Blogging and content creation as a practice is markedly different now compared to its early days.
During a panel discussion at Social Media Week 2018 on Friday, November 16, host Ace Gapuz talked with bloggers Noemi Lardizabal Dado, Kenneth Surat, and Mark Macanas about the changing landscape of blogging and content generation.
Their discussion touched on the differences between blogging before and after the rise of social media, the advent of monetization, and words of advice for aspiring content creators.
The early days vs now
Back in the early days of Angelfire and LiveJournal, blogging was a new thing requiring some knowledge of coding to personalize your online home.
Dado and Surat agreed that it was more complicated in the early days, as you had to learn to use cascading style sheets (CSS) to tweak the look of your blog.
Blogs also appealed more to personal interest, with people opting to make blogs to write about their interests, such as fashion or technology. Commenters would reply directly on the blogs themselves.
Macanas explained social media was something in the periphery of usage back in the day, but as it grew more popular, it also became more entrenched within the processes of blogging.
Slowly, social media use became its own form of content generation – short-form content in this case as opposed to long-form writing on blogs – that some might say rivals professional blogging now.
While blogging is still popular, it sometimes occurs that more people reply to posts they read on social media than on the blog post itself.
While there are now many ways for bloggers and content makers to both make a mark and make money off of their activities, it wasn't always this easy.
Bloggers began by using advertising to support their blog, using things like Google's AdSense.
Both Dado and Macanas noted Globe as being one of the first brands to support and push for bloggers to attend sponsored events.
Eventually, blog advertising community Nuffnang made it popular for established bloggers to earn money from blogging professionally till content creation sponsorships and partnerships of that sort became more mainstream.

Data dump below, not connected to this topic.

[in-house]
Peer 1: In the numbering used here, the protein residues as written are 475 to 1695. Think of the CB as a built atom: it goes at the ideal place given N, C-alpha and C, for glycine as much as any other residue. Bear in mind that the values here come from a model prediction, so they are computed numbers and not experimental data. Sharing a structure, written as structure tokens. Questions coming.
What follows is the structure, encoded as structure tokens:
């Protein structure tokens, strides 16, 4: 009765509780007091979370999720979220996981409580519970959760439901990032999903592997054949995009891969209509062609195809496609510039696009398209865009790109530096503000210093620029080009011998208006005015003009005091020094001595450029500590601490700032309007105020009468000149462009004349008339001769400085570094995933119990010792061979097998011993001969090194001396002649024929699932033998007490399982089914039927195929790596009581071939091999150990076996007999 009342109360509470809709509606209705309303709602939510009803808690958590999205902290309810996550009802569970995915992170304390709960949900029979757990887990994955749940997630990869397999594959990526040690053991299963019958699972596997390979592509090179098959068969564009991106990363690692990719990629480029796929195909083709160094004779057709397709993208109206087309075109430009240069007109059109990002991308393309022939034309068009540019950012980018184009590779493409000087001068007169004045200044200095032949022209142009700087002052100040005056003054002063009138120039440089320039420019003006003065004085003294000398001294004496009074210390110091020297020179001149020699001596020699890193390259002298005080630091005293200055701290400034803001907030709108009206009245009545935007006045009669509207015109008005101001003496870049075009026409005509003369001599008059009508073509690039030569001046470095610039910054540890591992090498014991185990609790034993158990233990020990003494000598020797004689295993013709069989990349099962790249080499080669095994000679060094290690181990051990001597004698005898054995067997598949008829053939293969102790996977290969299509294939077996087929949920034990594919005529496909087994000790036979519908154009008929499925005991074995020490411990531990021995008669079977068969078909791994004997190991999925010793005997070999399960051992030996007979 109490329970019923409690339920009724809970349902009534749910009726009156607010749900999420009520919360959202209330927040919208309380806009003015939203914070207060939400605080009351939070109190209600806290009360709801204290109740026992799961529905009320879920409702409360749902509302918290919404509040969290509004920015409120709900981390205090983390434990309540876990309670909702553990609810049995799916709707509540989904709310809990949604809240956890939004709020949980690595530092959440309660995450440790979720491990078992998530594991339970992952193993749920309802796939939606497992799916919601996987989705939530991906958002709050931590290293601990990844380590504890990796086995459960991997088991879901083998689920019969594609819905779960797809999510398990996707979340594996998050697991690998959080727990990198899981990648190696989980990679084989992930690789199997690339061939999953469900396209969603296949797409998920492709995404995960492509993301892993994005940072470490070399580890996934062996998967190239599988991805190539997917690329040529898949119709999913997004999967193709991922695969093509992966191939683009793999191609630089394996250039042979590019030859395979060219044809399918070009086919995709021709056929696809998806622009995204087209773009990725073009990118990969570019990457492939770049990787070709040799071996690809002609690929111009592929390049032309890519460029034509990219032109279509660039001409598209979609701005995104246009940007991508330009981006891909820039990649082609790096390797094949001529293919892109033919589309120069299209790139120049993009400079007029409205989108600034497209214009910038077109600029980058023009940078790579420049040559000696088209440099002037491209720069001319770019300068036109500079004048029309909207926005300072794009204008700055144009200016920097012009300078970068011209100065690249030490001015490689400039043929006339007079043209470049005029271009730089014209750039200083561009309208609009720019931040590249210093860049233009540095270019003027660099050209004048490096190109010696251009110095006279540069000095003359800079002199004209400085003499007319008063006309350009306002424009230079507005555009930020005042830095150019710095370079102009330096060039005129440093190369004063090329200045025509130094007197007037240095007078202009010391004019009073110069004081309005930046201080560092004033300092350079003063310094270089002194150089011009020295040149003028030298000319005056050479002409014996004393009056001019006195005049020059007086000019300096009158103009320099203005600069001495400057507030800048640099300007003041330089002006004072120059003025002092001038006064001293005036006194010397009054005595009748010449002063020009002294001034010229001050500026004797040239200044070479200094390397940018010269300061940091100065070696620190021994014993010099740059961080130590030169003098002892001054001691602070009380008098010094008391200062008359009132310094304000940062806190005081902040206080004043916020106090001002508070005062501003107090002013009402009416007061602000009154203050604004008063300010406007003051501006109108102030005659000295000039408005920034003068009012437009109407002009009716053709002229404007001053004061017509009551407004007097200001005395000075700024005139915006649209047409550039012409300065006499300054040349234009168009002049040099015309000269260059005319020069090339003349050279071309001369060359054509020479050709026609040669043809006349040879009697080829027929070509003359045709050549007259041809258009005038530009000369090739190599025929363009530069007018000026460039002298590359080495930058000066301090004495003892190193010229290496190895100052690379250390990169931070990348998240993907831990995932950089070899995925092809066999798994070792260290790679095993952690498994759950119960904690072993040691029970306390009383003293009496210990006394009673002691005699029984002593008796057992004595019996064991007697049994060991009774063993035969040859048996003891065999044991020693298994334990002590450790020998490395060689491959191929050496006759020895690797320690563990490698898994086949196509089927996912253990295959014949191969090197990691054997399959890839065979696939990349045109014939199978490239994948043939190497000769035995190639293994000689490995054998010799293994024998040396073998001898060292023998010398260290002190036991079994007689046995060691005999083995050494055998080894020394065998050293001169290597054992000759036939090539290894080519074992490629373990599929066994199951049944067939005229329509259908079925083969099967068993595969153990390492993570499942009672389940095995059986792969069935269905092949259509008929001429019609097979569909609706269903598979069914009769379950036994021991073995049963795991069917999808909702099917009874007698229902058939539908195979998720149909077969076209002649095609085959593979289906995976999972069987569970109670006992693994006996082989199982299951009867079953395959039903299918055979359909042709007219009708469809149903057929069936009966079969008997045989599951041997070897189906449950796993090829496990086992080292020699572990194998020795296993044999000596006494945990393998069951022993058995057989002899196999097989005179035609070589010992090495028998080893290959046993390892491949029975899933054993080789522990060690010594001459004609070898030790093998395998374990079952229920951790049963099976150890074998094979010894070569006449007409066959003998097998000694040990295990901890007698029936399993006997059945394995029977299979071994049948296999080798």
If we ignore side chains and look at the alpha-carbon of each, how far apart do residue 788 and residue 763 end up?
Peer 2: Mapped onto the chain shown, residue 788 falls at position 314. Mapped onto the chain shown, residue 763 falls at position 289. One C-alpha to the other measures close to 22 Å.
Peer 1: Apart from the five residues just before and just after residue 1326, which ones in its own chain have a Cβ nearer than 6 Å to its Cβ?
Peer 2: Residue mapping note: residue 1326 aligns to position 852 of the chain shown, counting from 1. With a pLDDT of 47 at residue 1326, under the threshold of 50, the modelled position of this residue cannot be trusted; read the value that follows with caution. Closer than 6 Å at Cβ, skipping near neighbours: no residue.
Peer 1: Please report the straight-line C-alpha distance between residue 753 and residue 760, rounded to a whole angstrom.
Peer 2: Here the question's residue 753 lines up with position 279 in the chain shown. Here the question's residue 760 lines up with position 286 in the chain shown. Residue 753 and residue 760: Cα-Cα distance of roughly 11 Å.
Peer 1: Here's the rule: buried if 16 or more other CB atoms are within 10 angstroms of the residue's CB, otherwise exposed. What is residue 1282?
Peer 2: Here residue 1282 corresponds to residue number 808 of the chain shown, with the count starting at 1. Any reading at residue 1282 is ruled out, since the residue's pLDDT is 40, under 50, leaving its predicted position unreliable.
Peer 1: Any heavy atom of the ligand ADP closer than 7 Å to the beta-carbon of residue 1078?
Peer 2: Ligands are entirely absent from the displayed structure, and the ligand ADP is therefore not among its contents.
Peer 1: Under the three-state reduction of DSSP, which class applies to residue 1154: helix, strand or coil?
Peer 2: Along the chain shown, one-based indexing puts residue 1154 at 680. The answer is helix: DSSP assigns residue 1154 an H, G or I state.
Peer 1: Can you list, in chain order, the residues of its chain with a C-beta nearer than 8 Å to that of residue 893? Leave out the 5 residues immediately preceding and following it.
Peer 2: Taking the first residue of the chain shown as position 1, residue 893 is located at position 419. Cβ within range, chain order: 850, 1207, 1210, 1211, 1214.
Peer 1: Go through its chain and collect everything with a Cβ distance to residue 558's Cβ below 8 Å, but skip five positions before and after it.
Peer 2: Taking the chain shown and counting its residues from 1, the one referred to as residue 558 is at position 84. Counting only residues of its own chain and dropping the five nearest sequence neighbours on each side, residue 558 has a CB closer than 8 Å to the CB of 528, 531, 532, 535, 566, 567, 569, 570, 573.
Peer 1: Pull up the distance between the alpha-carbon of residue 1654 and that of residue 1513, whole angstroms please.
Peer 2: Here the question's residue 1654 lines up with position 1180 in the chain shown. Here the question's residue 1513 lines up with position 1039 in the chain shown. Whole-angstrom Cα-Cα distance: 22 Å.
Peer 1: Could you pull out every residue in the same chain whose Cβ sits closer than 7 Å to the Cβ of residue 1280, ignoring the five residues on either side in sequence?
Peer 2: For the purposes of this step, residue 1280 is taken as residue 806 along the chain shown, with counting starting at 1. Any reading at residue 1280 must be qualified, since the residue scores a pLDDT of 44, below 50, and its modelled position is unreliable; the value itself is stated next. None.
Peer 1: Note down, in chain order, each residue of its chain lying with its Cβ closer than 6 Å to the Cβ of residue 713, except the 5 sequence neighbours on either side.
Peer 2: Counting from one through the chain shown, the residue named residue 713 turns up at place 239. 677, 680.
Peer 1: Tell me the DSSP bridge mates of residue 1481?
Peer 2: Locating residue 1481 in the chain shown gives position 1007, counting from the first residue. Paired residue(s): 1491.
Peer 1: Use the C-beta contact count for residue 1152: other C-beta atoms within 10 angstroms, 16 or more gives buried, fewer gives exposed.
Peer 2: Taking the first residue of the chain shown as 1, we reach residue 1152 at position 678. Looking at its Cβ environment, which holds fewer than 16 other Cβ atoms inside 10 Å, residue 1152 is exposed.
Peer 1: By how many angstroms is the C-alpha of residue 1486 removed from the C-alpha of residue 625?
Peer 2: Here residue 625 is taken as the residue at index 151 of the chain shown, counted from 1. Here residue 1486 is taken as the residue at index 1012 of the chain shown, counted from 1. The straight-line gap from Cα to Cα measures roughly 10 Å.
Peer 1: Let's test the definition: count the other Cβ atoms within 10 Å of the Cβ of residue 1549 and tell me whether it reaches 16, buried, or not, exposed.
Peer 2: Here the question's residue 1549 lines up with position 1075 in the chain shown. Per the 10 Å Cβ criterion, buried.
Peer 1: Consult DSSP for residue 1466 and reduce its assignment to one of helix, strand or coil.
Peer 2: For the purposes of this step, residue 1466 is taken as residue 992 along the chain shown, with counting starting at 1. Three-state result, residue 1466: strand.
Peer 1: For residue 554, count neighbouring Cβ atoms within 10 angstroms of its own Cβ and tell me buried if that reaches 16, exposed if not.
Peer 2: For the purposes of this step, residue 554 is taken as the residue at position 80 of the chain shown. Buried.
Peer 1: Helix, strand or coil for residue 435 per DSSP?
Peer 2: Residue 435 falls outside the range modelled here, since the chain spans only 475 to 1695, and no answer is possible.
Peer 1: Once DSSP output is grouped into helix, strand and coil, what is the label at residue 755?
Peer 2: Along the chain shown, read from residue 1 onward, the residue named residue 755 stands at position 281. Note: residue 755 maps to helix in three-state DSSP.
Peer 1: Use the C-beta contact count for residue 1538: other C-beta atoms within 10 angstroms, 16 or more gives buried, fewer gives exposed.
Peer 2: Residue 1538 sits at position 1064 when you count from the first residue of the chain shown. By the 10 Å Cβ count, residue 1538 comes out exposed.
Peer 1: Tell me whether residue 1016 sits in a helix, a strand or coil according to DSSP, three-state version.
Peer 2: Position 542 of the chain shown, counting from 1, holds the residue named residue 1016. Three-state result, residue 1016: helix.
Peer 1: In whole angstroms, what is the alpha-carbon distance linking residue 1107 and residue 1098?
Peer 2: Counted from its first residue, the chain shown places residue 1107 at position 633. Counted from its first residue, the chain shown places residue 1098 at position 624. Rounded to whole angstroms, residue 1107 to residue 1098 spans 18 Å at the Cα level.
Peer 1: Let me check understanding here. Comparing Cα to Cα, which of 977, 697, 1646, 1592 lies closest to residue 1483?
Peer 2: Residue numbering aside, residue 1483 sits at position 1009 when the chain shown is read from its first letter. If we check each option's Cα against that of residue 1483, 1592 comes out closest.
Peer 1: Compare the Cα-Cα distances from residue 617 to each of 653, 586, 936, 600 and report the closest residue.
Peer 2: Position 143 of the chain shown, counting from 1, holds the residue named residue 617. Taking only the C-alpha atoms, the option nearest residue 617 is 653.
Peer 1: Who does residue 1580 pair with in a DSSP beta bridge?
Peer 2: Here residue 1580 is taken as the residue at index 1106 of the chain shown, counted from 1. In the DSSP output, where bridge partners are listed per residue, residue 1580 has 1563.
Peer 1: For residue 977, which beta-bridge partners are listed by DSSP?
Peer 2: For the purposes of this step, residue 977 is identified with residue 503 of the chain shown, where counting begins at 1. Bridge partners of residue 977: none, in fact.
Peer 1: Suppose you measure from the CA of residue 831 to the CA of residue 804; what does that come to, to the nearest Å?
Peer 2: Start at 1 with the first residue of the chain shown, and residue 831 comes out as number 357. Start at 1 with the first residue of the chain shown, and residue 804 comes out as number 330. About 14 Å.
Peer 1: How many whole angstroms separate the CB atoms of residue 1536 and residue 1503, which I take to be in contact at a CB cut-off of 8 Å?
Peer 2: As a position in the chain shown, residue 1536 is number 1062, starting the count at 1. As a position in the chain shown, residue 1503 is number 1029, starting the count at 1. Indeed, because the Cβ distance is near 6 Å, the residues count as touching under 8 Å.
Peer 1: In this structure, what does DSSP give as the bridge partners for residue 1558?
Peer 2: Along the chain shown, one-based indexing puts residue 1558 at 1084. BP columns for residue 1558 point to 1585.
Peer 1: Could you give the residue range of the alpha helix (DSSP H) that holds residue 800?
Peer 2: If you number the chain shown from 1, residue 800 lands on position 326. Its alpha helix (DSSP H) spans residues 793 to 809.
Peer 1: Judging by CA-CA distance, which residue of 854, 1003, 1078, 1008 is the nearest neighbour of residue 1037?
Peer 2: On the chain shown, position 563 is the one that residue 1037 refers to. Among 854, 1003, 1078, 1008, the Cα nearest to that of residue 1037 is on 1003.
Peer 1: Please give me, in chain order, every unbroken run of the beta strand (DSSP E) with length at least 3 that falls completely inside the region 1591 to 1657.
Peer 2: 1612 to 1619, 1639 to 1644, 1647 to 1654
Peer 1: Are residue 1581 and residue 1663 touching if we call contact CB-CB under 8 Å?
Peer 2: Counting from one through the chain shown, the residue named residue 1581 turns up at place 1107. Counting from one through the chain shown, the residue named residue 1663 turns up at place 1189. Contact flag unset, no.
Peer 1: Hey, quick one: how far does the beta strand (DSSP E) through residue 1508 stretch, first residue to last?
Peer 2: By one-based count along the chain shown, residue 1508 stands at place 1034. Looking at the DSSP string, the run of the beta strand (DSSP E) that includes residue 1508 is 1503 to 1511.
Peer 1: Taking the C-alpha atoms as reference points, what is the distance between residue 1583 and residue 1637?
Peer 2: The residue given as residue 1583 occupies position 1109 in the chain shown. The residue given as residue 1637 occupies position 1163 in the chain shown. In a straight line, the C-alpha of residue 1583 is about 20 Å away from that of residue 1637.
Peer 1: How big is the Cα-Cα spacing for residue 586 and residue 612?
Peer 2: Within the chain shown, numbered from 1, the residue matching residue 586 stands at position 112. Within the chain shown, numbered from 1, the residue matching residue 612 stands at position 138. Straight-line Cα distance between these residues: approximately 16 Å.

Blogging and content creation, as a result of its popularity, also brought about a saturation of the field.
This saturation, while bringing down the expected returns for individuals looking to make money off blogging, also created more ways for established or otherwise creative content makers to diversify the means by which they earn money.
Aside from sponsored presentations of products and events coverage, there's also affiliate marketing, where businesses reward content creators who get people to buy products using that content creator's specific referral link.
Of course, blogging and content creation isn't all about money.
The panelists emphasized that focusing on making money through content creation as a primary impetus for starting one up is likely to kill your momentum.
The process, they said, needs an investment of time and talent to grow, and results are not immediate or assured.
For the troubles with trolling or criticism, Dado emphasized the importance of having rules and moderation to limit abuse. Macanas echoed this by reminding aspiring content creators not to dwell on bashers' commentaries, and to keep criticism in mind as points of improvement if the criticism is warranted.
Ultimately though, everyone who wants to start creating content for others – whether it's blogs or videos, or livestreams – needs to push themselves to get what they want.
The panelists emphasized following your passions, working toward being known for something and letting that stick as your signature, and just getting to work.
Macanas added: "If you are talented, if you are passionate, if you are unique, if you have something fresh to offer, there's a big room for you. All you have to do is start." – Rappler.com
Victor Barreiro Jr is part of Rappler's Central Desk. An avid patron of role-playing games and science fiction and fantasy shows, he also yearns to do good in the world, and hopes his work with Rappler helps to increase the good that's out there.